Looking for a way to tap into the advantages of both overseas manufacturing and U.S. design while lowering the communications hurdle, Johnson Health Tech (JHT) will establish a global design and engineering center in the United States where both worlds will work together.
"What we want to do is build a central facility where we can have people from all over be stationed to do research for the Johnson group," Nathan Pyles, Johnson's director of brands in the United States, including Vision, Horizon and Matrix. "This should help all parties communicate with each other, communicate very effectively and make decisions more quickly."
"Johnson Health Tech North America"
This isn't a pipe dream, mind you. In fact, a director for the center and the new company branch it represents called Johnson Health Tech North America LLC (JHTNA) has been hired -- Tom Moran, former vice president of engineering at Precor who has worked at Watermark since November 2001 as a vice president of product development for the company that owns Yakima and leading watersports brands such as Perception and Dagger. Moran will move to Madison, Wis., where the center will be, on June 29 to start the ball rolling -- to decide where a center should be located, whether to rent or build, and to start hiring engineers and product developers. Pyles said JHTNA and the center should be fully running by December with as many as 20 employees.
"We get the opportunity to start from the ground up to create what will be one of the most exciting places to develop cool fitness products," Pyles said.
Currently, most companies based in North America that have Asian manufacturing spend a lot of time shipping designs back and forth and having managers travel back and forth, too. But the end results aren't always as intended because of the cultural and communication gap. That wastes money and time, and forces a longer lag before products can get to market, he said.
"If we can get product engineers and others in the same room, the speed to market gets accelerated," he said. "It was just taking too long."
Rumors had circulated, including news reports in other industry newsletters, that Johnson was desperate to hire people but couldn't find them. That wasn't completely correct, Pyles said. This center has been on the drawing board since about January, but the company has been looking for someone to lead the concept who would be just right, then that person would do the rest of the hiring.
They say they found the perfect match in Moran, who went to high school and college in Madison and still has family there, although he's lived on the West Coast for 19 years. For him, the opportunity was "fortuitous," he said; it all began when he went to the Health & Fitness Business show last August to poke around and to meet with various companies.
"This is starting with a fresh sheet of paper and building a culture from the ground up," Moran said. "I'll be taking all I've learned and building an exciting and innovative design center."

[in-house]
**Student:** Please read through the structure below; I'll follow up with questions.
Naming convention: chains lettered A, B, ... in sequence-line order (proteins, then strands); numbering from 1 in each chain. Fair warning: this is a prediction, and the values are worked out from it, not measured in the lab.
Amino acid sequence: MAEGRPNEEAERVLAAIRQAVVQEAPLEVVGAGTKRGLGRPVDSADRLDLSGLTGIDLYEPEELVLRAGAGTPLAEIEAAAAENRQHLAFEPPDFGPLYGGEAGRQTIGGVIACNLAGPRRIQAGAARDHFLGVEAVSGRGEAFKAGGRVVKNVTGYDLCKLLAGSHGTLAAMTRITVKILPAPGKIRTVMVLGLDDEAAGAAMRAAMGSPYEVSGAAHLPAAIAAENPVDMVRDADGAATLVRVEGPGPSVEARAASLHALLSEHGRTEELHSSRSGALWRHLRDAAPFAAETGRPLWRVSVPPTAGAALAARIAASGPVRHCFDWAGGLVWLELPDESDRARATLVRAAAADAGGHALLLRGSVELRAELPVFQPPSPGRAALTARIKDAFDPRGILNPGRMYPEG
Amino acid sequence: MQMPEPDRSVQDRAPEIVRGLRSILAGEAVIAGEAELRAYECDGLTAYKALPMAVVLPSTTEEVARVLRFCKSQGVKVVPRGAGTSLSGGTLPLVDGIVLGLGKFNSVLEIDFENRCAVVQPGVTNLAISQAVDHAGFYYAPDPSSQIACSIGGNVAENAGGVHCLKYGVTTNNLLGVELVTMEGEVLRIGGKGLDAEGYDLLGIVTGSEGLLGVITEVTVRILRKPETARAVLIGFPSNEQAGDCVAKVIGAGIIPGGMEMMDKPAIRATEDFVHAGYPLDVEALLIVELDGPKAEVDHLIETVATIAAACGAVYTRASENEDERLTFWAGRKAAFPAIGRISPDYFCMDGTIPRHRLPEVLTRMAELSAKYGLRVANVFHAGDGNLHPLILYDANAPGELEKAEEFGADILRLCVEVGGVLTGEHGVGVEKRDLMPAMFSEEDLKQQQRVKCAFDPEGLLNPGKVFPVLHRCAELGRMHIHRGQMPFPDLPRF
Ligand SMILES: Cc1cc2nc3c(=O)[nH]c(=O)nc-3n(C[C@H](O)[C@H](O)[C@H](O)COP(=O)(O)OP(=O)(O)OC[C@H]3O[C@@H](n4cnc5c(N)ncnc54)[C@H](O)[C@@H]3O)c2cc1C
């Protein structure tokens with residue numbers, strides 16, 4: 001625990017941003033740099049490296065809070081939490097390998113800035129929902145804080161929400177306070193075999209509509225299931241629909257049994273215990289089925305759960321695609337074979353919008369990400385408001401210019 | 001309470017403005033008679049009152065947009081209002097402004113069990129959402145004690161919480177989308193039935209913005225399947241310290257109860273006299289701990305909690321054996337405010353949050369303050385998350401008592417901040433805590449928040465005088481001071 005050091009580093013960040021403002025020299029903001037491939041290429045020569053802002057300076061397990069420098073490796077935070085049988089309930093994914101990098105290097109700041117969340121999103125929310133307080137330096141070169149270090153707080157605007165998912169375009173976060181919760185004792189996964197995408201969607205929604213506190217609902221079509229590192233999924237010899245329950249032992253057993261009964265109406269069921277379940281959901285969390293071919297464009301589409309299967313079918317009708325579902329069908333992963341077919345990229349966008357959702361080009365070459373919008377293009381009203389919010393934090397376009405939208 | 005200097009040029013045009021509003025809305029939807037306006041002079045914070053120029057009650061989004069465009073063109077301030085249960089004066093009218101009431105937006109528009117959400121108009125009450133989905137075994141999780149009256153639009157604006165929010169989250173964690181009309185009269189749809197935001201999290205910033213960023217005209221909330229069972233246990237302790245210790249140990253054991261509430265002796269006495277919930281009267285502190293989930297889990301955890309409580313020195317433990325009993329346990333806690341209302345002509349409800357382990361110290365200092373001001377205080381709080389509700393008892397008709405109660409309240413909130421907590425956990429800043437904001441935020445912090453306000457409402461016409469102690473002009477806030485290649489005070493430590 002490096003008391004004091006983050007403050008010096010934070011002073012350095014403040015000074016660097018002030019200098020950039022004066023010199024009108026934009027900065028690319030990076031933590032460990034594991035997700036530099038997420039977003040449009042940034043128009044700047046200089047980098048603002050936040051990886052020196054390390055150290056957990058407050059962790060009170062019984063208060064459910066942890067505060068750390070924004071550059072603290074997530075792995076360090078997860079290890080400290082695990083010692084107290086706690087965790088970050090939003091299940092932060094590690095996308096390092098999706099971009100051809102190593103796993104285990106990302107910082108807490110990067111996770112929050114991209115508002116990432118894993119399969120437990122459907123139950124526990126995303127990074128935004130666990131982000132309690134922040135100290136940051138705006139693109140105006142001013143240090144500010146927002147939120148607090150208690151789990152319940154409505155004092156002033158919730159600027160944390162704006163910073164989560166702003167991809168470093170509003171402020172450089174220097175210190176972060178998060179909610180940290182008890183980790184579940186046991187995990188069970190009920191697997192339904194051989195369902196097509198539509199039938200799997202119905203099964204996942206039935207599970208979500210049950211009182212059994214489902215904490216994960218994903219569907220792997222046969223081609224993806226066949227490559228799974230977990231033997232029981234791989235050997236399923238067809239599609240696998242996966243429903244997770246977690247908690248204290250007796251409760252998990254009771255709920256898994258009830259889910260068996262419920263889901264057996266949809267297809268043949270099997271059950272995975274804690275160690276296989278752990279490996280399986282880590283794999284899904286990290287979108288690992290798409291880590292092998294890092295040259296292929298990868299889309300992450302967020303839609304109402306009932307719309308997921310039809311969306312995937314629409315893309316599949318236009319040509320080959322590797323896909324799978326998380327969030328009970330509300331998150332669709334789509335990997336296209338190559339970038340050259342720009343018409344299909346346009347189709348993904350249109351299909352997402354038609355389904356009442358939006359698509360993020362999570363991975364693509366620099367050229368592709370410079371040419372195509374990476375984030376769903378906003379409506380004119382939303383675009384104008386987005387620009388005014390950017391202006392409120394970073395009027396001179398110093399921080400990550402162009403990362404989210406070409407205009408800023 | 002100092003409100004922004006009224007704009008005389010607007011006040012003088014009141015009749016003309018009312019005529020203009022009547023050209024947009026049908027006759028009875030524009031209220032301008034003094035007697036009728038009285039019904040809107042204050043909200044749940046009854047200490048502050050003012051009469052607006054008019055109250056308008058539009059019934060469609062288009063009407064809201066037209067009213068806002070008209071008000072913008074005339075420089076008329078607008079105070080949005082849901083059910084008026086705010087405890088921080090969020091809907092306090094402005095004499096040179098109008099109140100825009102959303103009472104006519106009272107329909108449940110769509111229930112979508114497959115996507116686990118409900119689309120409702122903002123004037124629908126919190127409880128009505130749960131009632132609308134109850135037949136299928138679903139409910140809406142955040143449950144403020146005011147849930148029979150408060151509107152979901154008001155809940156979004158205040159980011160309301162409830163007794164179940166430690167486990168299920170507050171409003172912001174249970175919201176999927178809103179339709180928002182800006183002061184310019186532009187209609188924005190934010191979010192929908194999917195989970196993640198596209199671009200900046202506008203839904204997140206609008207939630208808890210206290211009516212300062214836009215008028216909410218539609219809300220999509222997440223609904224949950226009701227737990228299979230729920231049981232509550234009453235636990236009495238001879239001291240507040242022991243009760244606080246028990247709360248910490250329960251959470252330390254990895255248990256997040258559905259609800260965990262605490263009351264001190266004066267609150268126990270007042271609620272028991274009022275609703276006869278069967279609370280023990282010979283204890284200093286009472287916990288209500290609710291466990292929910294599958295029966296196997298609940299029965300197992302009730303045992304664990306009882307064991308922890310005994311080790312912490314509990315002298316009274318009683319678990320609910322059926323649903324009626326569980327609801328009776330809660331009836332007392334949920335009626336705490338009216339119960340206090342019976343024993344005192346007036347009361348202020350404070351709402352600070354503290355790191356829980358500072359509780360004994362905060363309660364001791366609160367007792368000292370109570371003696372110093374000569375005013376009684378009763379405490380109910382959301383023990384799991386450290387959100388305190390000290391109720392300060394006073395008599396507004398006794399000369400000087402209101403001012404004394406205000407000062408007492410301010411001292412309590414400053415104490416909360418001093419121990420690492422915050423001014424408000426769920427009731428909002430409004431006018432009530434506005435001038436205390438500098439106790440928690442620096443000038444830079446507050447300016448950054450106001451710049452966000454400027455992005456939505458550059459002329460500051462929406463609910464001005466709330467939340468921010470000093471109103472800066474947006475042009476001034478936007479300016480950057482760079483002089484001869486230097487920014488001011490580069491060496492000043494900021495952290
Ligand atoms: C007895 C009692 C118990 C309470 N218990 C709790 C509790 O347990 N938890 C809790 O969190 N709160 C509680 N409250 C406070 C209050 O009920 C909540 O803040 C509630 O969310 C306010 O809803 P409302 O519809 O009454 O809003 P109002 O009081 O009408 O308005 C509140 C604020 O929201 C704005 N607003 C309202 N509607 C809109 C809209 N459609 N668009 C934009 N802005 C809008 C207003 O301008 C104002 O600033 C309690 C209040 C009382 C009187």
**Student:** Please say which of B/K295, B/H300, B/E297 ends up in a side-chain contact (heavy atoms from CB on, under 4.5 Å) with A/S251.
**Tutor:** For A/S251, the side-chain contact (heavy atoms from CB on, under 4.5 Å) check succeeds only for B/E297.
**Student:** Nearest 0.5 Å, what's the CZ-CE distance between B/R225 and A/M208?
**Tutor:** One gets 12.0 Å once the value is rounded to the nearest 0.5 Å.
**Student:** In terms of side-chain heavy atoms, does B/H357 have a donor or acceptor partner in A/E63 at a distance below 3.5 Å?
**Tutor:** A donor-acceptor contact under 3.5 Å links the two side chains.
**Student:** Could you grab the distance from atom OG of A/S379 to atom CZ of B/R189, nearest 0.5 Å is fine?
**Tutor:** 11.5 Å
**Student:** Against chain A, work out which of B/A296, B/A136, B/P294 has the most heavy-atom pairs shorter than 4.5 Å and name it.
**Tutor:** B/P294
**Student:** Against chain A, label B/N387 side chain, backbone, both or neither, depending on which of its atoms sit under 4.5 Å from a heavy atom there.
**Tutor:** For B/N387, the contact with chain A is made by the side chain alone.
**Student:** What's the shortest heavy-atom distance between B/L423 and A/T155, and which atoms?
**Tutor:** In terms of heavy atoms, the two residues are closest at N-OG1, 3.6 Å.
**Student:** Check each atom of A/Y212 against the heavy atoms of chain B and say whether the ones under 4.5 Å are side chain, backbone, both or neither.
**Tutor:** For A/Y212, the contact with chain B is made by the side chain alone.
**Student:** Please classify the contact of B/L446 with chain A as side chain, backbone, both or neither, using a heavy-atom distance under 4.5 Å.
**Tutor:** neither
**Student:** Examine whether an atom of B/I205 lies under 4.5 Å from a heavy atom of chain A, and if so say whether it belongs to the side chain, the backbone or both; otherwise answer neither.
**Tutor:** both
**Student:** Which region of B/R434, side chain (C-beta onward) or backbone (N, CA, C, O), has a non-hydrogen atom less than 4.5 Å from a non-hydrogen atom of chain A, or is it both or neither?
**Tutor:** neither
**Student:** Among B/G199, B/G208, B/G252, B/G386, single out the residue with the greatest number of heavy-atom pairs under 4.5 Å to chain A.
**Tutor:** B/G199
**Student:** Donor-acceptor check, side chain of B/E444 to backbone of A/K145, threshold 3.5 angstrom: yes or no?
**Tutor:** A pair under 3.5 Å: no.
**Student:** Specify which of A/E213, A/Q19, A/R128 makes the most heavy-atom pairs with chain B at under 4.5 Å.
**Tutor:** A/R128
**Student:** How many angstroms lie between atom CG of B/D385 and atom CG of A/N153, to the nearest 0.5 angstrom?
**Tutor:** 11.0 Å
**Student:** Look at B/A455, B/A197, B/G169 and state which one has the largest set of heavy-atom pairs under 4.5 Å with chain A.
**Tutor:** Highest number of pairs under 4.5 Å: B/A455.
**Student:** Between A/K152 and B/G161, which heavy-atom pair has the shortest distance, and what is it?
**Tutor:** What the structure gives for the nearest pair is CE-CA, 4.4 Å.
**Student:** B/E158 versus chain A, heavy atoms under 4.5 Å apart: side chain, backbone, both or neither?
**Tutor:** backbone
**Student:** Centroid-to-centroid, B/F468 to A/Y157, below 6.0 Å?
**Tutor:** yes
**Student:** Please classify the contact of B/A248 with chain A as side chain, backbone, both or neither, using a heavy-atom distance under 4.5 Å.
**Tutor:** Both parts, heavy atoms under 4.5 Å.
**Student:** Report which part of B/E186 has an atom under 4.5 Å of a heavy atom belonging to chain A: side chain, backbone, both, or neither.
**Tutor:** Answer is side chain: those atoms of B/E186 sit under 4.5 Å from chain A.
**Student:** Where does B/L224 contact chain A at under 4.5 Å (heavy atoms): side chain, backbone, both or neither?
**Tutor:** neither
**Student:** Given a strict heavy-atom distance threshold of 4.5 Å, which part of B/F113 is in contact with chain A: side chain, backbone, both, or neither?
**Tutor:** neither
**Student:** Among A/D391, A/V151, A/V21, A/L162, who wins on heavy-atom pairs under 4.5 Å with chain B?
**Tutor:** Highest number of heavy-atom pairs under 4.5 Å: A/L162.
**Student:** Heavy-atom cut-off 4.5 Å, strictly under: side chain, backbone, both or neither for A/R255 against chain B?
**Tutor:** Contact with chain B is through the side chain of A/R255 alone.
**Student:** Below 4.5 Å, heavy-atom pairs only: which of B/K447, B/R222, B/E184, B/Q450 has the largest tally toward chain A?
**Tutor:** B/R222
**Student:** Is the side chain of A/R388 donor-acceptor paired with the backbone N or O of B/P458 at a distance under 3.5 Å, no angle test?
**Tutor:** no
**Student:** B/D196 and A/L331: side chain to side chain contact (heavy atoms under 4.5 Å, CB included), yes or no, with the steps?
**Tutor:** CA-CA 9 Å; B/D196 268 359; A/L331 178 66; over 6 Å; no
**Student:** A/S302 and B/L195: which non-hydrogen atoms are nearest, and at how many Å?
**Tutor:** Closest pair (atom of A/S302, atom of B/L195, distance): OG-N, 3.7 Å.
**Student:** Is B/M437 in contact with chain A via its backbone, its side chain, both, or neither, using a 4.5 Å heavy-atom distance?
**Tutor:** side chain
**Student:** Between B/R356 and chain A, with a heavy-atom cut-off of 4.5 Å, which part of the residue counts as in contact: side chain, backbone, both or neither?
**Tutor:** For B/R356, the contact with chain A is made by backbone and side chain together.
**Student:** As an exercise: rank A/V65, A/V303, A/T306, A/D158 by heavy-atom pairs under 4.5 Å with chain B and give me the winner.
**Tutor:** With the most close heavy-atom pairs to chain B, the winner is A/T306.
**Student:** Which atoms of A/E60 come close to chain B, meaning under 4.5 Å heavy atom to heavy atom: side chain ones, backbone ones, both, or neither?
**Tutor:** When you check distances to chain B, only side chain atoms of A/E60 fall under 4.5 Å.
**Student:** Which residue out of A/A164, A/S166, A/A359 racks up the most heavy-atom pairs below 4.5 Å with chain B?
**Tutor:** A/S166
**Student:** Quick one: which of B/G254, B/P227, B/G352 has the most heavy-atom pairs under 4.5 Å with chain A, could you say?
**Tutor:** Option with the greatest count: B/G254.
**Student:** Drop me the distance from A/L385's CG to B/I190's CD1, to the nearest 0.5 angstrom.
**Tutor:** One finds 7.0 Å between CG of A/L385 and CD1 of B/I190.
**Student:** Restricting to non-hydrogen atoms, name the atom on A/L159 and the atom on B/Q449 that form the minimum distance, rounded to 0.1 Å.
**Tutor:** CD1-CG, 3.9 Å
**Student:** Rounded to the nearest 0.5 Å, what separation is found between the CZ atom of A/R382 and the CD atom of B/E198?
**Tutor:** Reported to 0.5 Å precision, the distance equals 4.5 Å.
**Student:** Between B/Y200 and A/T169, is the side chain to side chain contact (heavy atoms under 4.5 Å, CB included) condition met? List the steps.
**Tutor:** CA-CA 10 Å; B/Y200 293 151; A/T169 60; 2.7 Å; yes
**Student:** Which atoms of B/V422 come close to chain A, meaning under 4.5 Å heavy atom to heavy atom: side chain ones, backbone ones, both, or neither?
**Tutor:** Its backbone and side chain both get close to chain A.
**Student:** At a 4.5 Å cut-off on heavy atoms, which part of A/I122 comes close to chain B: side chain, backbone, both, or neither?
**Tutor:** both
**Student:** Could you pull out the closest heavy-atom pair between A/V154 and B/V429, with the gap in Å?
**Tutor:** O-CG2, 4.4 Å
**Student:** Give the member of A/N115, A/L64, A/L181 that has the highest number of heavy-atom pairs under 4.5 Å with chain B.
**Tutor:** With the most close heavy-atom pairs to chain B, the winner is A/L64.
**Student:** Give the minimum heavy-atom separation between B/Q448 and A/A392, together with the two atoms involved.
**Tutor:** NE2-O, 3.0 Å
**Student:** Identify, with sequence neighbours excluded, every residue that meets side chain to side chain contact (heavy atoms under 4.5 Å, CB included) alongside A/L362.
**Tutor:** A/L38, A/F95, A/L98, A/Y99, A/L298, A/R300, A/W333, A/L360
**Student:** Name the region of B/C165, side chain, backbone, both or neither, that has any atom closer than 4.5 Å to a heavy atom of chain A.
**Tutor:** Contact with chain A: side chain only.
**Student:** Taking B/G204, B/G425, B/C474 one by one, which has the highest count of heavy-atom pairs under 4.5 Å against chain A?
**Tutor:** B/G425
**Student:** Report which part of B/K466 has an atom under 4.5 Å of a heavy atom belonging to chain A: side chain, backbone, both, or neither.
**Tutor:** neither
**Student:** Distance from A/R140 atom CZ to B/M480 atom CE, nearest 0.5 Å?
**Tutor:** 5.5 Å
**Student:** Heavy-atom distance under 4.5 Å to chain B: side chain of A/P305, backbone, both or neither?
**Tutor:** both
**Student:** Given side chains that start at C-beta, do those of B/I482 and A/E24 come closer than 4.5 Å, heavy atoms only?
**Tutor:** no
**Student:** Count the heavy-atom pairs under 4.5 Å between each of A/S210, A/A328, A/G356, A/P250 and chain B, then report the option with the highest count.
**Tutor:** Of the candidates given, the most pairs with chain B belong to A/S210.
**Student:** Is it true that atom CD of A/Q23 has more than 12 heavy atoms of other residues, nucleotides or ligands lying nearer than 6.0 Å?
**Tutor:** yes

It'll be Moran's job to find others for the center -- including those not only from outside the industry but also from inside who may just find the concept of a global center in a place like Madison very attractive.
"This should be a place where you can do the fun stuff," Pyles said.
Johnson still growing strongly
And having this center should push Johnson closer toward its ambitious goal of being one of the top three companies in the fitness industry in the world by 2008, relying mostly on organic growth. Currently, JHT, which is headquartered in Tai Chung, China, but also has a factory in Shanghai, has about 1,900 employees in Asia. Founded in 1975, Johnson's revenues have grown about 30 percent or more in each of the last five years, Pyles said. It was listed on the Taiwan Stock Exchange early this year to help accelerate the spread of its name. In addition, the company opened a home fitness specialty retail store called Cava in Taiwan earlier this year, with plans to open "dozens" more this year alone, all of which will sell only Johnson product.
Moran said it is most likely the new center will be on the eastside of Madison and will at first be in a rented facility. In addition, the U.S. companies will for now remain separate geographically, but will likely have product managers who work closely with or even at the center. Since JHTNA won't go full-steam until early 2004 engineering products and building prototypes, the market won't likely see products touched by its work until 2005, Moran said.
"Most of our growth is among the U.S. brands," Pyles said of JHT, "and Asia and Europe are doing very well too. We see a tremendous opportunity with a company that is truly global in nature that offers the best of both worlds -- the manufacturing of Asia and the R&D and development in the United States."
SNEWS View: Piece by piece, Johnson and its brands are penetrating the market and making their mark strongly as THE players to watch. This step with such a global center is a forward-thinking one that could indeed take it the company a giant leap forward. And, yes, we wouldn't be at all surprised if engineers and product developers from other companies jumped ship to be a part of a new concept like this.